What to read next: Lady Oracle

Challenges: 100 Books Challenge, 2013 Category Challenge, Ireland Reading Challenge, Mount TBR Challenge

Saturday, March 30

Book Review: The Informationist

Title: The Informationist: A Thriller

Author: Taylor Stevens

Pages: EBook 297

Summary: Vanessa “Michael” Munroe deals in information—expensive information—working for corporations, heads of state, private clients, and anyone else who can pay for her unique brand of expertise. Born to missionary parents in lawless central Africa, Munroe took up with an infamous gunrunner and his mercenary crew when she was just fourteen. As his protégé, she earned the respect of the jungle's most dangerous men, cultivating her own reputation for years until something sent her running. After almost a decade building a new life and lucrative career from her home base in Dallas, she's never looked back.

Until now.

A Texas oil billionaire has hired her to find his daughter who vanished in Africa four years ago. It’s not her usual line of work, but she can’t resist the challenge. Pulled deep into the mystery of the missing girl, Munroe finds herself back in the lands of her childhood, betrayed, cut off from civilization, and left for dead. If she has any hope of escaping the jungle and the demons that drive her, she must come face-to-face with the past that she’s tried for so long to forget.

My Rating: 7/10

What I liked/disliked about the book: While I wasn't overly impressed with the book, I did enjoy it more than I thought I would. It's not my usual genre to read, but it was worth dipping into it and trying something new. I think the main plot was well done, and I was interested in seeing how it played out. I found some revelations though out the book a little to convenient and almost cliché, but it how the author got the characters there was well done. It wasn't overly action pact, but the author did build up to some tense moments fairly well, which helped keep my interest in the book.

I wasn't a fan of the main character. I found her hard to connect to, and while she had more than meets the eye depth to her, I found her personal demons and history just didn't mix well with the rest of the book. While some of her personal experiences helped her with the case, how her past was woven into the book didn't work right for me. I found it to be almost forced to help create a more complex character. While I do like how the author made a good complex character, I found it didn't work for me. Overall a good read. It's part of a series, and while I liked the book, I doubt I'd continue with the series.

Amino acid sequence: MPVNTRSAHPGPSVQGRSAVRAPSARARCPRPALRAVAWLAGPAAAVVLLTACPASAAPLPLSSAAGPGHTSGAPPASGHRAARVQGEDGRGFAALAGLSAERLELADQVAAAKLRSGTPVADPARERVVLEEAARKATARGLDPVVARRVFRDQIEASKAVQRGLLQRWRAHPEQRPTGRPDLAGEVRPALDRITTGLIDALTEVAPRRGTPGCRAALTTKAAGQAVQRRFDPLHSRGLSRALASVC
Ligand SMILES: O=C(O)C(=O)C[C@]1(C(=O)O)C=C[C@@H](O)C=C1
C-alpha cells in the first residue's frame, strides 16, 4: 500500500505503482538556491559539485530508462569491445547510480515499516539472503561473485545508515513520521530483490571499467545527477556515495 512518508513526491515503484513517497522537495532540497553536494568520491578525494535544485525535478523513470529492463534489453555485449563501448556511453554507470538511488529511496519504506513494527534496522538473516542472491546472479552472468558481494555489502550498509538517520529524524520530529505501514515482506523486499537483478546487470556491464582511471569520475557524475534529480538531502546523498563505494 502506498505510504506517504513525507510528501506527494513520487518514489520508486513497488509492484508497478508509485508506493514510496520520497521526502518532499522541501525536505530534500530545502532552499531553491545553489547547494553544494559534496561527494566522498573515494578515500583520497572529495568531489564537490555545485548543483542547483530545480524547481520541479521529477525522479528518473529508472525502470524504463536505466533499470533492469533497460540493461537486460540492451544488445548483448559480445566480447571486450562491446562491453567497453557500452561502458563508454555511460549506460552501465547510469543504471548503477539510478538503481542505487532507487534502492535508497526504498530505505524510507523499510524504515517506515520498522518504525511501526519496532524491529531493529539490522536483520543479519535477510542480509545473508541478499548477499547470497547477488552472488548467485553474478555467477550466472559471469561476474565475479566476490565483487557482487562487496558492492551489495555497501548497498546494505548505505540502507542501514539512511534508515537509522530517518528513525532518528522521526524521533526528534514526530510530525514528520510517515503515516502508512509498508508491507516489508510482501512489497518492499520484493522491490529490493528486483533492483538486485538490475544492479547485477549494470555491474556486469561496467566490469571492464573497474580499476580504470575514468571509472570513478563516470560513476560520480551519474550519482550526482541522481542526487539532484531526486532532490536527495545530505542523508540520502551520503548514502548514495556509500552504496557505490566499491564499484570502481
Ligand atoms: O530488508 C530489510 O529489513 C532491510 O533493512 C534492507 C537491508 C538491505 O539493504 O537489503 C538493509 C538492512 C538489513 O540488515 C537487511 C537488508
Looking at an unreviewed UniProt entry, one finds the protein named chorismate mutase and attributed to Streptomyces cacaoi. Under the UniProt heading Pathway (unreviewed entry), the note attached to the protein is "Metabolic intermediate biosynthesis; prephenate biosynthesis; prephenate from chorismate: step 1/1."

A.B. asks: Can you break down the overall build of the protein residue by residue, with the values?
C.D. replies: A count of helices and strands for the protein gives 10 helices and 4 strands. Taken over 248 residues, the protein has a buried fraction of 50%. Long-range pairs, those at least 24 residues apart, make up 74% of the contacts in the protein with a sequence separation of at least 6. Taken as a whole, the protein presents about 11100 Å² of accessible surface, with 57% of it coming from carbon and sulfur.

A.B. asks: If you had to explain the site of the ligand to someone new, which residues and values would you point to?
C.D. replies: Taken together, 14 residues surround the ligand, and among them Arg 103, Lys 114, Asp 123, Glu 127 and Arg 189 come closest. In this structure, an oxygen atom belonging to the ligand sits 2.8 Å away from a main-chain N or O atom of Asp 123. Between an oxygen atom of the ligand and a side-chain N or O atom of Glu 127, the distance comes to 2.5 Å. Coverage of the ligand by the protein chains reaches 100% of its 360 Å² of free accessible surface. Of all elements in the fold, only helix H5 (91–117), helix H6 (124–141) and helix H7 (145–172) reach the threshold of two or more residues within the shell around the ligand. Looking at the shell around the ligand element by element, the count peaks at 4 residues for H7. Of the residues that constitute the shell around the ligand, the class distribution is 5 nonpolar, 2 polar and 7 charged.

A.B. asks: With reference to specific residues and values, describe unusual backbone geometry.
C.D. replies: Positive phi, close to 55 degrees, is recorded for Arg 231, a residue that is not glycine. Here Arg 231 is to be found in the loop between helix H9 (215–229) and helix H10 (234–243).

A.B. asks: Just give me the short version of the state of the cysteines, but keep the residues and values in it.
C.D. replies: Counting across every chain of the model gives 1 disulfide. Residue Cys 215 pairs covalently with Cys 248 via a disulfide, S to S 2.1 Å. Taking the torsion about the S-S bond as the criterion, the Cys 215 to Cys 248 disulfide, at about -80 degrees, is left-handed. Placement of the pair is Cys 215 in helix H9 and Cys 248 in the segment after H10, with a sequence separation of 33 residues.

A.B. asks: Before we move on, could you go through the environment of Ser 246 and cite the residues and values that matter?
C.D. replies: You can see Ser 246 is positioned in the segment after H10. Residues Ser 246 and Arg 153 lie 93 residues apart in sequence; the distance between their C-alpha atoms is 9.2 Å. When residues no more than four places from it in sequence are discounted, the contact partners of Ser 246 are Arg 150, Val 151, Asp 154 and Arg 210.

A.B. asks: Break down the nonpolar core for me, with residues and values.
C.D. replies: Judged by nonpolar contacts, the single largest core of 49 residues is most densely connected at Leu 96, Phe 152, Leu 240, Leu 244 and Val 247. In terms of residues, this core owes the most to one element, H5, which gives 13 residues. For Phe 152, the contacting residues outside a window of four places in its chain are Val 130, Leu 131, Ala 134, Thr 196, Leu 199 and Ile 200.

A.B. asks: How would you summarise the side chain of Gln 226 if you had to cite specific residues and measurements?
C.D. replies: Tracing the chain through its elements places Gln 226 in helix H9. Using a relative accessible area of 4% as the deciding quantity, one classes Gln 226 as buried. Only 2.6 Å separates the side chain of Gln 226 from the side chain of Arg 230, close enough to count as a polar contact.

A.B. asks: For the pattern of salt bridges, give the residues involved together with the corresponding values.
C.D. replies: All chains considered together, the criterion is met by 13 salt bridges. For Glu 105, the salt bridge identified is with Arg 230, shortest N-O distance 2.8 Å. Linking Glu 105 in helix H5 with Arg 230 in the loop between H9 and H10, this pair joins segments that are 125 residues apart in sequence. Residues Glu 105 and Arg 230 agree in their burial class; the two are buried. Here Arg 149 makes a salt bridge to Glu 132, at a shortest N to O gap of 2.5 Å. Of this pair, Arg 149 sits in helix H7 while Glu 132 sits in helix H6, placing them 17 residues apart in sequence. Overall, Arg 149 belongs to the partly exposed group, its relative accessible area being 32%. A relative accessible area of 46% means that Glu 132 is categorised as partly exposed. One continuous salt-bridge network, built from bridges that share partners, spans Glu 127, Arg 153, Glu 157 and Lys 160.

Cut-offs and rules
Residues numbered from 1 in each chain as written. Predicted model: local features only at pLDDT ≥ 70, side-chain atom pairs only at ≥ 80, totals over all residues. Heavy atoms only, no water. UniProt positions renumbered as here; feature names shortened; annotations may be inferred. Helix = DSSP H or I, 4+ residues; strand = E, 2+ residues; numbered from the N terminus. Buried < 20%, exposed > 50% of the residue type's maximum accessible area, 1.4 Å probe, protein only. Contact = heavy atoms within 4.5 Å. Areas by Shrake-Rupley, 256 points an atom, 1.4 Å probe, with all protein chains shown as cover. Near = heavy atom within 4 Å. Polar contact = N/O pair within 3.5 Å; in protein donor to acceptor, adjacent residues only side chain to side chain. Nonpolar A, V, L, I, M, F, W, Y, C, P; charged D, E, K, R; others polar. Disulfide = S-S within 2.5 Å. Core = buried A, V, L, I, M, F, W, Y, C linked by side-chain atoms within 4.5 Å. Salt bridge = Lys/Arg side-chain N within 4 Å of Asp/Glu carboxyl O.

Would I recommend it to read: I would. It was better than I thought, it wasn't fantastic and it didn't grip me, but if you like the genre or would like to try out the genre then the book is worth checking out.

What to read next: This is part of a series, so it might be worth checking out. The Girl With the Dragon Tattoo would also be a good choice. I do agree with some other reviewers that there are some similarities.

Challenges: 100 Books Challenge, 2013 Category Challenge, EBook Challenge, Mystery/Crime Reading ChallengeNew Author Challenge



Book Review: The Lighthouse

Title: The Lighthouse

Author: Alison Moore

Pages: 183

Summary: The Lighthouse begins on a North Sea ferry, on whose blustery outer deck stands Futh, a middle-aged, recently separated man heading to Germany for a restorative walking holiday.

Spending his first night in Hellhaus at a small, family-run hotel, he finds the landlady hospitable but is troubled by an encounter with an inexplicably hostile barman.

In the morning, Futh puts the episode behind him and sets out on his week-long circular walk along the Rhine. As he travels, he contemplates his childhood; a complicated friendship with the son of a lonely neighbour; his parents’ broken marriage and his own. But the story he keeps coming back to, the person and the event affecting all others, is his mother and her abandonment of him as a boy, which left him with a void to fill, a substitute to find.

He recalls his first trip to Germany with his newly single father. He is mindful of something he neglected to do there, an omission which threatens to have devastating repercussions for him this time around.

At the end of the week, Futh, sunburnt and blistered, comes to the end of his circular walk, returning to what he sees as the sanctuary of the Hellhaus hotel, unaware of the events which have been unfolding there in his absence.

My Rating: 7/10

What I liked/disliked about the book: While the book had a lot of elements I usually appreciate and love in a book, I found that this was book I couldn't warm up to and call it book that I really enjoyed. I didn't dislike it, but I didn't love it either. The author's writing style was very well done. It did initially capture m and it kept me reading the book. Because the book is a very character driven one, I was impressed with how the writing kept the plot and the character's development moving forward - and just how strong and well written the book was. I find a lot of character driven books similar to this, the writing is good, but it doesn't carry that same strength this one did.